Auto lenders are still aggressively pursuing subprime consumers, possibly because of technological advances that have made repossession cheaper and easier.
Large databases can now track the location of license plates with GPS data, allowing lenders to quickly seize vehicles whose owners have missed payments. There also has been growth in the use of in-car devices that some lenders use to locate vehicles and lock ignitions when customers fail to pay. These technologies improve the chances that lenders will recover their collateral, but they also raise privacy concerns among consumer advocates.
"When you have a subprime credit score, you might feel like this is the only option you have," said Chris Kukla, senior counsel for government affairs at the Center for Responsible Lending. "In most cases, it's a take-it-or-leave-it proposition."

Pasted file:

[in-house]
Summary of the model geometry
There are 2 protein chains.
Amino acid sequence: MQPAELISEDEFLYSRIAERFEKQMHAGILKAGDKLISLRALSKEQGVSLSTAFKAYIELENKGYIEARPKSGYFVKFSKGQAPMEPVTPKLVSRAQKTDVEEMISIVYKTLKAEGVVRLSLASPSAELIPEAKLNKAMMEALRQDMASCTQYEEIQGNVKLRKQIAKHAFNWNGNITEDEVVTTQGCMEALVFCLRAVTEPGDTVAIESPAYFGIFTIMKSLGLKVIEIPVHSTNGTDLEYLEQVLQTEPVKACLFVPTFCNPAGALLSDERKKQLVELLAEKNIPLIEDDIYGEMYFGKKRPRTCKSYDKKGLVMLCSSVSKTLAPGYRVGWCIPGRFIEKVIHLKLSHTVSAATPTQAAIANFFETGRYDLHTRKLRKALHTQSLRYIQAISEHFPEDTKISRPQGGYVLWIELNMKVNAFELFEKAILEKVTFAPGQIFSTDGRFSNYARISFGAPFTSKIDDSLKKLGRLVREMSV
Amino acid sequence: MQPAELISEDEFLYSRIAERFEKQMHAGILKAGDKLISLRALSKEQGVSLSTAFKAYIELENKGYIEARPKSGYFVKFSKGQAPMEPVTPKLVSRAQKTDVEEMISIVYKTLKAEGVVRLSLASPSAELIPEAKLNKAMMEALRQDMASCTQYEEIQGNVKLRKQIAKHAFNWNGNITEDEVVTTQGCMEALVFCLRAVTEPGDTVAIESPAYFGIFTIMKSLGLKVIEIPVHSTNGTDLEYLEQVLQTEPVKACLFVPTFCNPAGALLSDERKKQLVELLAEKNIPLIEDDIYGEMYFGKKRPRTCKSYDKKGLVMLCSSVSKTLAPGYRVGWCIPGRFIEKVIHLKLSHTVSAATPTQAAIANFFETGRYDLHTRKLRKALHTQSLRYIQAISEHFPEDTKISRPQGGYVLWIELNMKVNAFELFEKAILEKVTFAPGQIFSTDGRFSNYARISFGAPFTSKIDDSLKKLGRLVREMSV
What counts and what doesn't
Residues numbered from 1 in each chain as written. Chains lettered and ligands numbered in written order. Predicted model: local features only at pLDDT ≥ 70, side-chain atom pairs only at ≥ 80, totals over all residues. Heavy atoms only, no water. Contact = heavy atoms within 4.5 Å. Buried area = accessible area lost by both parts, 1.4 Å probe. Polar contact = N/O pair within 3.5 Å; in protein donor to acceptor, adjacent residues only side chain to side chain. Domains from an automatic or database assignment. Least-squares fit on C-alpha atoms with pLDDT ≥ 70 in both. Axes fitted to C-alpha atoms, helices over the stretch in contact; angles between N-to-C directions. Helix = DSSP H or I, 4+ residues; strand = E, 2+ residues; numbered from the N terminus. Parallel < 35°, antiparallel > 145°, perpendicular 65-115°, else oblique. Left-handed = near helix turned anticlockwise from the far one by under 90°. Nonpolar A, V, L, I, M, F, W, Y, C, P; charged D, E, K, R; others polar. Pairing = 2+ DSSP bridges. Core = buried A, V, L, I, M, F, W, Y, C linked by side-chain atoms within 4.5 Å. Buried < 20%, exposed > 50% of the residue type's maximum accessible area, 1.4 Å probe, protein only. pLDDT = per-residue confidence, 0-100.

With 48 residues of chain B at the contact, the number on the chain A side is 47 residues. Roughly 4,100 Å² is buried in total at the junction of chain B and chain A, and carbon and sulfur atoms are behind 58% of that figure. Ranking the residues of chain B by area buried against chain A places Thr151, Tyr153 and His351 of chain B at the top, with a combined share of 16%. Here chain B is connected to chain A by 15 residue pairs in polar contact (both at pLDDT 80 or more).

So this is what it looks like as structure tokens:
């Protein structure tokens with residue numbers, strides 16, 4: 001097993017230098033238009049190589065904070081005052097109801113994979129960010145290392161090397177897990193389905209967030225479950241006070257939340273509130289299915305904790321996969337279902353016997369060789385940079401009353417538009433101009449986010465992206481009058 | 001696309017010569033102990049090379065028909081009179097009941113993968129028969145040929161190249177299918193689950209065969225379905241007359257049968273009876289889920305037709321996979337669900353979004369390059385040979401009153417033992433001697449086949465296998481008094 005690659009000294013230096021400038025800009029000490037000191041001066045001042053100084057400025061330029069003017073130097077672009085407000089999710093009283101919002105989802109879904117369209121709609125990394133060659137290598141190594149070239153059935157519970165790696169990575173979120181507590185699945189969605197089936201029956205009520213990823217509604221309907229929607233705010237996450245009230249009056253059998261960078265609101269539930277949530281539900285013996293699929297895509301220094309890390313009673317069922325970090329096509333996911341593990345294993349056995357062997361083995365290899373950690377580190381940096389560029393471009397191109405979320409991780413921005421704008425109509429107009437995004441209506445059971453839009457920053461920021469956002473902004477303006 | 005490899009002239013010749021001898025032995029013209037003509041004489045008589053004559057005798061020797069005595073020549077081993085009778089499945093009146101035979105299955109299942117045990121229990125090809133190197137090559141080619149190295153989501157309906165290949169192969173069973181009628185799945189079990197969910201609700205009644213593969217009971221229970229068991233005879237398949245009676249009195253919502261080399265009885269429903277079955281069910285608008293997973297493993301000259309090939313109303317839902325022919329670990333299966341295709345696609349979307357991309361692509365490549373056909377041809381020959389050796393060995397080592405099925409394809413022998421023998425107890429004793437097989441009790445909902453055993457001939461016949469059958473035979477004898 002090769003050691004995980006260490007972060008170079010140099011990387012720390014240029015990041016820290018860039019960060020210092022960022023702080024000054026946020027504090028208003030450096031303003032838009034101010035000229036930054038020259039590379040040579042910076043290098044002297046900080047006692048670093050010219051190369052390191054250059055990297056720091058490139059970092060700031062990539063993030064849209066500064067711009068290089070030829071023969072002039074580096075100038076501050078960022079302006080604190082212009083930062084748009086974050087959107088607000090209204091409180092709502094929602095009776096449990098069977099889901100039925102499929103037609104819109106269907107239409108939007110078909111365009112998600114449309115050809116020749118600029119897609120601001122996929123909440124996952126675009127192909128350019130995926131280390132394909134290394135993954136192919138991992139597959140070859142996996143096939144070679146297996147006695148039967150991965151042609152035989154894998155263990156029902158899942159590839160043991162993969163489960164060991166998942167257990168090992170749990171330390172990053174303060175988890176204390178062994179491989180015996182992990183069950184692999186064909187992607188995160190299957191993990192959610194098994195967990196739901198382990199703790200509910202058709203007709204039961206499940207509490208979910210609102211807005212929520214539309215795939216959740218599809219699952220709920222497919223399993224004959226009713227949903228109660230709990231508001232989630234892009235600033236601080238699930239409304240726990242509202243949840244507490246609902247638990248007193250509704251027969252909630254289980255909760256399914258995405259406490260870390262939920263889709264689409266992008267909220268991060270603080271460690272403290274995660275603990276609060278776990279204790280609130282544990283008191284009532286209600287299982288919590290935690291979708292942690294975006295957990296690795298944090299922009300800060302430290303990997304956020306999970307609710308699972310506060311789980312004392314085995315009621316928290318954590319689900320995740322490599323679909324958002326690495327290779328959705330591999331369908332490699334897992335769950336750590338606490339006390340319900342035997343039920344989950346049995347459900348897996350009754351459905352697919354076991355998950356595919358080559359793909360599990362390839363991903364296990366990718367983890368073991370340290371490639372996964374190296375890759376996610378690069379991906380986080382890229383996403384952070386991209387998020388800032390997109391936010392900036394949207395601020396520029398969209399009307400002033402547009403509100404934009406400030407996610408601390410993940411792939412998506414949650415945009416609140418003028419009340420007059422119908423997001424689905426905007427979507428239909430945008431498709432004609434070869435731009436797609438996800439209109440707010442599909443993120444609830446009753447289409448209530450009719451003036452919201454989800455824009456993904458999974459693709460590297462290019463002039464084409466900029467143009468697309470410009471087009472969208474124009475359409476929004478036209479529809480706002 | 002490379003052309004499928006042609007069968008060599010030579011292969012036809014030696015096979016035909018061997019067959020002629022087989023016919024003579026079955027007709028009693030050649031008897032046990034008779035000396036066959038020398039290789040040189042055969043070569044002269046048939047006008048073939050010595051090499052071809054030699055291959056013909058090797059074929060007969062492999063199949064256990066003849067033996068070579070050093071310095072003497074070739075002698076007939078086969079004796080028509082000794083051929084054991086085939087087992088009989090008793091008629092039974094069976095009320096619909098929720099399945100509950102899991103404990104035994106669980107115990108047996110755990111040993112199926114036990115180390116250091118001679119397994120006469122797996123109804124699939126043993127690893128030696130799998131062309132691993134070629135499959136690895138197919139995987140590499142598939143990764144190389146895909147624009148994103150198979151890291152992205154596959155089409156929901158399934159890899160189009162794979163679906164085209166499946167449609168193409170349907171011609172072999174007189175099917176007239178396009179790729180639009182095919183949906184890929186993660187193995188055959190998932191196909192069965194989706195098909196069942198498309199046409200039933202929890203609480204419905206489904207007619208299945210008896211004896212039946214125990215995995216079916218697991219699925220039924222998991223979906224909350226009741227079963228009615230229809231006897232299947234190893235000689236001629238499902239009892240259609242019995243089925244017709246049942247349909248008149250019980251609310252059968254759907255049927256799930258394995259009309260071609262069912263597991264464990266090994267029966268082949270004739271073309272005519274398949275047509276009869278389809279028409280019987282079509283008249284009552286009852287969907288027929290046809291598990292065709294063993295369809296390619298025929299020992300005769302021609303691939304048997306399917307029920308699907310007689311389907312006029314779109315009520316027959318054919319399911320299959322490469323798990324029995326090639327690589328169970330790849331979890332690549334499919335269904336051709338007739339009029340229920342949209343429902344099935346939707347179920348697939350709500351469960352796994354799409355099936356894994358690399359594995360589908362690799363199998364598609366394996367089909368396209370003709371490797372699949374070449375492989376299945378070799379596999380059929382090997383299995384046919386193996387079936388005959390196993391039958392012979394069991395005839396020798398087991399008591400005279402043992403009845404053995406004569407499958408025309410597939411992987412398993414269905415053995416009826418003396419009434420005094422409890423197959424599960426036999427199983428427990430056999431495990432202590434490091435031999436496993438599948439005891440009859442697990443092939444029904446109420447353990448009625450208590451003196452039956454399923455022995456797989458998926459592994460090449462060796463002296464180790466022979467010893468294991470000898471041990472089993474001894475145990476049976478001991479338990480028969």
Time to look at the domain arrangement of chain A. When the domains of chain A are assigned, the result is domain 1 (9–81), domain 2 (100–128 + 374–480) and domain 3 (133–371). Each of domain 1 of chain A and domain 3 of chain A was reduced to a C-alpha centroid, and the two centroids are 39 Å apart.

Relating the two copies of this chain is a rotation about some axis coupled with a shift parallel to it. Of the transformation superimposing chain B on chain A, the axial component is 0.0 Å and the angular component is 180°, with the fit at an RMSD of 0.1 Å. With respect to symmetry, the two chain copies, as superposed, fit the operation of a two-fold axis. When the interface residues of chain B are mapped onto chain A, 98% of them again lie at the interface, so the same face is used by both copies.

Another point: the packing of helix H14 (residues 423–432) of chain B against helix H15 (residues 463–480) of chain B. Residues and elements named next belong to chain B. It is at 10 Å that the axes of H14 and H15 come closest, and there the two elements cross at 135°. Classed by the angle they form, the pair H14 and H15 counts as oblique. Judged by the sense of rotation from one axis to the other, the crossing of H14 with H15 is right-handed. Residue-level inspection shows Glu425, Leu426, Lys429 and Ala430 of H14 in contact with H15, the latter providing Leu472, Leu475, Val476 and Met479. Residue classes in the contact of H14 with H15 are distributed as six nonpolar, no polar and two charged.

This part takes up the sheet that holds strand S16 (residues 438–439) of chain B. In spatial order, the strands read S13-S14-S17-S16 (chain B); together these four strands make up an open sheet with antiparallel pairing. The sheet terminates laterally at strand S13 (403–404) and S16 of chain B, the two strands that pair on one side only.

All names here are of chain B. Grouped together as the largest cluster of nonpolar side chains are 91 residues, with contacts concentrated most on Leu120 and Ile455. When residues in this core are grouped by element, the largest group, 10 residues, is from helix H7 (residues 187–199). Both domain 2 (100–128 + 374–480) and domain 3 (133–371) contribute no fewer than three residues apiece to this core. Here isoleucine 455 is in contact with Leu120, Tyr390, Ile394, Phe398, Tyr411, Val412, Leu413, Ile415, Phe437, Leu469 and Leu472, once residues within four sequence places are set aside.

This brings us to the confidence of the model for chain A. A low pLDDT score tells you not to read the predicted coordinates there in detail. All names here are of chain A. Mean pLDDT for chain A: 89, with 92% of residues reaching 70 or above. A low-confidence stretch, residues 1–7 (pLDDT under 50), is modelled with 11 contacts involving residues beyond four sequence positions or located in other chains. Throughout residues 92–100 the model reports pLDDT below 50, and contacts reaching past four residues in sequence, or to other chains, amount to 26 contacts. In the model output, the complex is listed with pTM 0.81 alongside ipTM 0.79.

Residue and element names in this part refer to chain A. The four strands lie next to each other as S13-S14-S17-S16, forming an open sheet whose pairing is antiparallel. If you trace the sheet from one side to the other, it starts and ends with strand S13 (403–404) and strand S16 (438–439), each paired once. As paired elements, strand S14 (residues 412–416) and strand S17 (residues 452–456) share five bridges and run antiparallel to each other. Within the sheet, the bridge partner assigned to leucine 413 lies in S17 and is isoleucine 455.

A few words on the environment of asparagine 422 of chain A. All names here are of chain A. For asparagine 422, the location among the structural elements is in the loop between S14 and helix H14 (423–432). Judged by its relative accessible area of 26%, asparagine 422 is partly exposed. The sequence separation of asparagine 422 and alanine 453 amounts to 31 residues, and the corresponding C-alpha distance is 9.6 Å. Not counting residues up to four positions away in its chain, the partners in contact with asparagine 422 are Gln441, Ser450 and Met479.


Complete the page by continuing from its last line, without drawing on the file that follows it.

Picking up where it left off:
It is unclear whether improvements in lenders' ability to recover collateral will compensate for an increase in risky vehicle loans. Subprime auto lending reached at an eight-year high in the first four months of the year, according to Equifax. The company also reported that auto loans to deep-subprime borrowers -- those with credit scores below 550 -- rose 51 percent in the first quarter from a year earlier.